Political turmoil and chronic corruption in Brazil and Mexico; safety in Colombia, Chile and Peru; and monster risks and margins in Venezuela.
Archive of: Brazil
Ten takeaways from a carnival of corporate chicanery—five reasons why it marks an encouraging turning point for the region, and five reasons to doubt that graft won’t continue to thrive.
Anti-corruption prosecutors in Lima have leaked a document that provides a snapshot of the detail that is emerging of the money flows at the heart of the Brazilian company’s international bribery scheme.
Odebrecht’s disclosure of bribery across the region will test each country’s political willingness and institutional autonomy to act on evidence of industrial-scale corruption.
A package of leniency deals poised to be signed by the construction giant’s executives with prosecutors will not only have consequences in Brazil, but also in several other countries in the region.
It’s a pivotal moment for Mexico as a regional governor goes missing amid massive fraud claims just as a drive to implement a package of aggressive anti-corruption reforms gains traction.
Prosecutors say bribes were managed using a software system which catalogued the amounts paid, the codenames of their recipients, how the payments were physically made, and in reference to which project.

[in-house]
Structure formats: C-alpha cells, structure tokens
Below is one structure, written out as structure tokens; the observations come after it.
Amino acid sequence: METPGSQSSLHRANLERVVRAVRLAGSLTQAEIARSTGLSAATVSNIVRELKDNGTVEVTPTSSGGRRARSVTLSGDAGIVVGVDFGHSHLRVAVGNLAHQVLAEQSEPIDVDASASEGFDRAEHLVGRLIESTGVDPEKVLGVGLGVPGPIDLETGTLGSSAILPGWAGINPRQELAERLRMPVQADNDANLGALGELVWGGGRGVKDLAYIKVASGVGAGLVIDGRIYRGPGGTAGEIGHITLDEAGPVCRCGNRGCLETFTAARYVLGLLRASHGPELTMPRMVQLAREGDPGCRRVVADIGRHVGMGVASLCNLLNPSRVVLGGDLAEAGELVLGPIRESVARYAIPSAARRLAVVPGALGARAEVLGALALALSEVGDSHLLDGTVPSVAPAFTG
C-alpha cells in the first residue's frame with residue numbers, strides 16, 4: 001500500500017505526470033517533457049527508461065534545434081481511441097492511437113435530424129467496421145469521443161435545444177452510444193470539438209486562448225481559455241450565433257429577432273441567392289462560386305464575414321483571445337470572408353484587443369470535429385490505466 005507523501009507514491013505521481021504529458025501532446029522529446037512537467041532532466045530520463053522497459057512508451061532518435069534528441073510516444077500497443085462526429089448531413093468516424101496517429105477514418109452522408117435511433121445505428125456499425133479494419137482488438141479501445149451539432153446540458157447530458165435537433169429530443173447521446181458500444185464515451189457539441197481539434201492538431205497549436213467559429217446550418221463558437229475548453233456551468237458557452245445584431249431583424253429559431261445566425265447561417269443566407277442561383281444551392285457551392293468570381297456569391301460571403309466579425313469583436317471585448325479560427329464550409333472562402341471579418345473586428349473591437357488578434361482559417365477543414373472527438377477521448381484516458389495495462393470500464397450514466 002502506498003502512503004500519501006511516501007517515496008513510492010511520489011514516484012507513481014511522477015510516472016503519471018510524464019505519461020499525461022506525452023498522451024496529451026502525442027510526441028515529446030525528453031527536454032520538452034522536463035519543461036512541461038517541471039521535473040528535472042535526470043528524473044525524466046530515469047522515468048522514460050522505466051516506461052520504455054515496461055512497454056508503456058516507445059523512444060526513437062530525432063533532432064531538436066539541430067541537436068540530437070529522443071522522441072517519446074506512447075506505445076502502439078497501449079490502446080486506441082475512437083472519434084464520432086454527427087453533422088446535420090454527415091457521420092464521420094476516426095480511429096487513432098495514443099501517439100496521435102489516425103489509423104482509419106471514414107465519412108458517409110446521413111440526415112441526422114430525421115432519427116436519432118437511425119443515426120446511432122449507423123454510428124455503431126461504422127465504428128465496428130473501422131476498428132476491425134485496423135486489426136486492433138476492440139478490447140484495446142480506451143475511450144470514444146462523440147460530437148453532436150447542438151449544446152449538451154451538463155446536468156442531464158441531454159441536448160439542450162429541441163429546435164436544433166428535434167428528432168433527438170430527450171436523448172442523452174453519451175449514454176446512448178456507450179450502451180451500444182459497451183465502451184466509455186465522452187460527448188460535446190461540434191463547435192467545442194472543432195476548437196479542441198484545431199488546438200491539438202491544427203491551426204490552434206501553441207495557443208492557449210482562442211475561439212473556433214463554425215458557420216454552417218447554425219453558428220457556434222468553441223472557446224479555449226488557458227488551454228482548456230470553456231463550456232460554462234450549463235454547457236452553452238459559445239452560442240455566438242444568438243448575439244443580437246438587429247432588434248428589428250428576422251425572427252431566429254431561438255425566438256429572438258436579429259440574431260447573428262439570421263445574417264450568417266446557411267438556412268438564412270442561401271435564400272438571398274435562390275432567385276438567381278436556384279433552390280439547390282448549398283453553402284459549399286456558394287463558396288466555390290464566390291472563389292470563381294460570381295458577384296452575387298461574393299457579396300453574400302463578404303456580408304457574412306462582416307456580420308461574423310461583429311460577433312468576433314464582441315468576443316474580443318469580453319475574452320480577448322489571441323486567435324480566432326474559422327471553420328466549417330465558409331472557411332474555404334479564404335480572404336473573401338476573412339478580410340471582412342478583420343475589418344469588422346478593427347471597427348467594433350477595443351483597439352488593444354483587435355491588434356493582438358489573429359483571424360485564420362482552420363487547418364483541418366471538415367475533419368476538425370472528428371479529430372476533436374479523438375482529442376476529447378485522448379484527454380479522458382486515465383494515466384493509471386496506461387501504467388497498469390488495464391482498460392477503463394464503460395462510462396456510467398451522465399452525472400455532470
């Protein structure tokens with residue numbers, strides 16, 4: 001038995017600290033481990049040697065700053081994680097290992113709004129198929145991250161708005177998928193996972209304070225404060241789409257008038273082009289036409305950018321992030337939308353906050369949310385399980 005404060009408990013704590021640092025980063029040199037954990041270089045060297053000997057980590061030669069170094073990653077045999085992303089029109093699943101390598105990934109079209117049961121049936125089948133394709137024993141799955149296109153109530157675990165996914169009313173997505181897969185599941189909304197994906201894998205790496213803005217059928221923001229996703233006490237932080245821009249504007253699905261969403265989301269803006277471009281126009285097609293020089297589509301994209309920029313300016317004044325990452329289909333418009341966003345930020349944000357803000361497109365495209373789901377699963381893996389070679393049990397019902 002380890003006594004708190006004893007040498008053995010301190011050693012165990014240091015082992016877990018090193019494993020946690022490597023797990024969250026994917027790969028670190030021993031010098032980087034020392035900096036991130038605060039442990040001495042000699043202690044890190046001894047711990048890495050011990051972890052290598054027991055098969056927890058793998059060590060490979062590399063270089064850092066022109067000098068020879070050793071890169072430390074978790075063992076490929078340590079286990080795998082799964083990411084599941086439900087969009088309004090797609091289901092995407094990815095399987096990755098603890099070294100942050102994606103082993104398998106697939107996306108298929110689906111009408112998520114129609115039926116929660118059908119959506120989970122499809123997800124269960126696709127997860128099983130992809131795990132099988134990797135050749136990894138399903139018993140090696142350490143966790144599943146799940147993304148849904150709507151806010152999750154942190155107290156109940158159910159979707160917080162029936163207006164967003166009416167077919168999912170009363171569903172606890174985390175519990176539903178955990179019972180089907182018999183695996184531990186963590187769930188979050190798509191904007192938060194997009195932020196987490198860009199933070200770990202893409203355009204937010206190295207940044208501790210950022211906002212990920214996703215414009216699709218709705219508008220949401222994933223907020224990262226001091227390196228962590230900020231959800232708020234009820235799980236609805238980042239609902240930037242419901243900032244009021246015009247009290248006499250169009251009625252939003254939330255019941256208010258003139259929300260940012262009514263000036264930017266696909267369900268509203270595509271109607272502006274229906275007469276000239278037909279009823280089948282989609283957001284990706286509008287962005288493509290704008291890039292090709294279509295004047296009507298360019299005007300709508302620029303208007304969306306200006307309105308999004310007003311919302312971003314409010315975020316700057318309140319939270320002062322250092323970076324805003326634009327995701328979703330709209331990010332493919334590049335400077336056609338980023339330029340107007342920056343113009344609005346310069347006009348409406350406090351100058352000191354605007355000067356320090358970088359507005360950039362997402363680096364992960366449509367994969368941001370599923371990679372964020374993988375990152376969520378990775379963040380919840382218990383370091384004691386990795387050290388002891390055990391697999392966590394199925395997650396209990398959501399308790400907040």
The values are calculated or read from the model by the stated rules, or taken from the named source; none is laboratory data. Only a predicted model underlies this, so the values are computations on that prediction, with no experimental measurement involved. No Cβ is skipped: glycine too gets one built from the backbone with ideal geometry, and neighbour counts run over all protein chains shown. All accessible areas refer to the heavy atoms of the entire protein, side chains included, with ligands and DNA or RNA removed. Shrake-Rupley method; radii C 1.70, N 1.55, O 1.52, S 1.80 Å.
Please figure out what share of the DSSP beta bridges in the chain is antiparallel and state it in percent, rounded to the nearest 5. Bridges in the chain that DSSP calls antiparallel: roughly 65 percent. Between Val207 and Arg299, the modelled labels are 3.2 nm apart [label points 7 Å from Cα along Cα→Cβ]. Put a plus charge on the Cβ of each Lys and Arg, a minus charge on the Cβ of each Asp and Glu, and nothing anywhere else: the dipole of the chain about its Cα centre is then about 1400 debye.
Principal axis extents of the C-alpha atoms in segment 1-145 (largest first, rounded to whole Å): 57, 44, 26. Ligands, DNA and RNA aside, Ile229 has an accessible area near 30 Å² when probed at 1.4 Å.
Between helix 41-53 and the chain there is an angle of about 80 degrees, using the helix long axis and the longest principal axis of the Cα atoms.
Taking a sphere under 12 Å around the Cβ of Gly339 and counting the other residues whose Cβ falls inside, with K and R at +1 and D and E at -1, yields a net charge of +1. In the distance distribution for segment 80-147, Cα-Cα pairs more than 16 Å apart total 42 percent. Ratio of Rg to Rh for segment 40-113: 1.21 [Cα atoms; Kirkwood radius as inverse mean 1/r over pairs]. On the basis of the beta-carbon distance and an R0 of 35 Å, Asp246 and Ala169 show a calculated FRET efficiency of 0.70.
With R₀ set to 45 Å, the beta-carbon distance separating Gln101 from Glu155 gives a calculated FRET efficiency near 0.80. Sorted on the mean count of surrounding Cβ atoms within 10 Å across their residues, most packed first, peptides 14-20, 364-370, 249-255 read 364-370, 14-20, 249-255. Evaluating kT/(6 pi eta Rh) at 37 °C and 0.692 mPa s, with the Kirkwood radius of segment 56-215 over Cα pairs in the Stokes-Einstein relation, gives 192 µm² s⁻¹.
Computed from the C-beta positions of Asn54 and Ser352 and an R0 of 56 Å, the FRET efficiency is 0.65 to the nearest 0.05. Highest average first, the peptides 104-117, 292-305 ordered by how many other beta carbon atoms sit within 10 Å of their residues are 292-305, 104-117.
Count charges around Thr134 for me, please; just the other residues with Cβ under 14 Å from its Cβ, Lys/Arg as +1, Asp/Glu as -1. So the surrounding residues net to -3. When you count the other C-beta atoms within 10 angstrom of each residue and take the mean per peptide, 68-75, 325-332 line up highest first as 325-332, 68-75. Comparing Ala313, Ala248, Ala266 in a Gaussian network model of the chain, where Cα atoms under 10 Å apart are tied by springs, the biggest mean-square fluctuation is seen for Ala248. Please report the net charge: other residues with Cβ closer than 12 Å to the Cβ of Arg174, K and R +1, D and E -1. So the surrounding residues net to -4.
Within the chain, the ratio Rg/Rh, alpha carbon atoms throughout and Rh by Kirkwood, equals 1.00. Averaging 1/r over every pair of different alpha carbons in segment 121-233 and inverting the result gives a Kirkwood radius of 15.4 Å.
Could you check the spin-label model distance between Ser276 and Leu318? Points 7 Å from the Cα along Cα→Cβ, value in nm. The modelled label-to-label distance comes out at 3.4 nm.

For corruption watchers in the region, there has long been suspicion over how Odebrecht managed to capture such an extensive array of public sector infrastructure contracts worth billions of dollars, beyond just being good at building bridges, highways and airports.
Investigators have reportedly seized a list of hundreds of offshore companies - and their Brazilian shareholders - set up by Mossack Fonseca, a potential goldmine of information that could accelerate the pace of Lava Jato and spark other money-laundering probes.
The detention of Esteves jolts - in spectacular fashion - the Lava Jato anti-corruption investigation into the sphere of Brazil’s financial services sector.
The multi-billion dollar bribery scandal swirling around Petrobras is causing ructions in Brazil, but graft on a similar—or greater—scale relating to oil companies is occurring elsewhere in Latin America.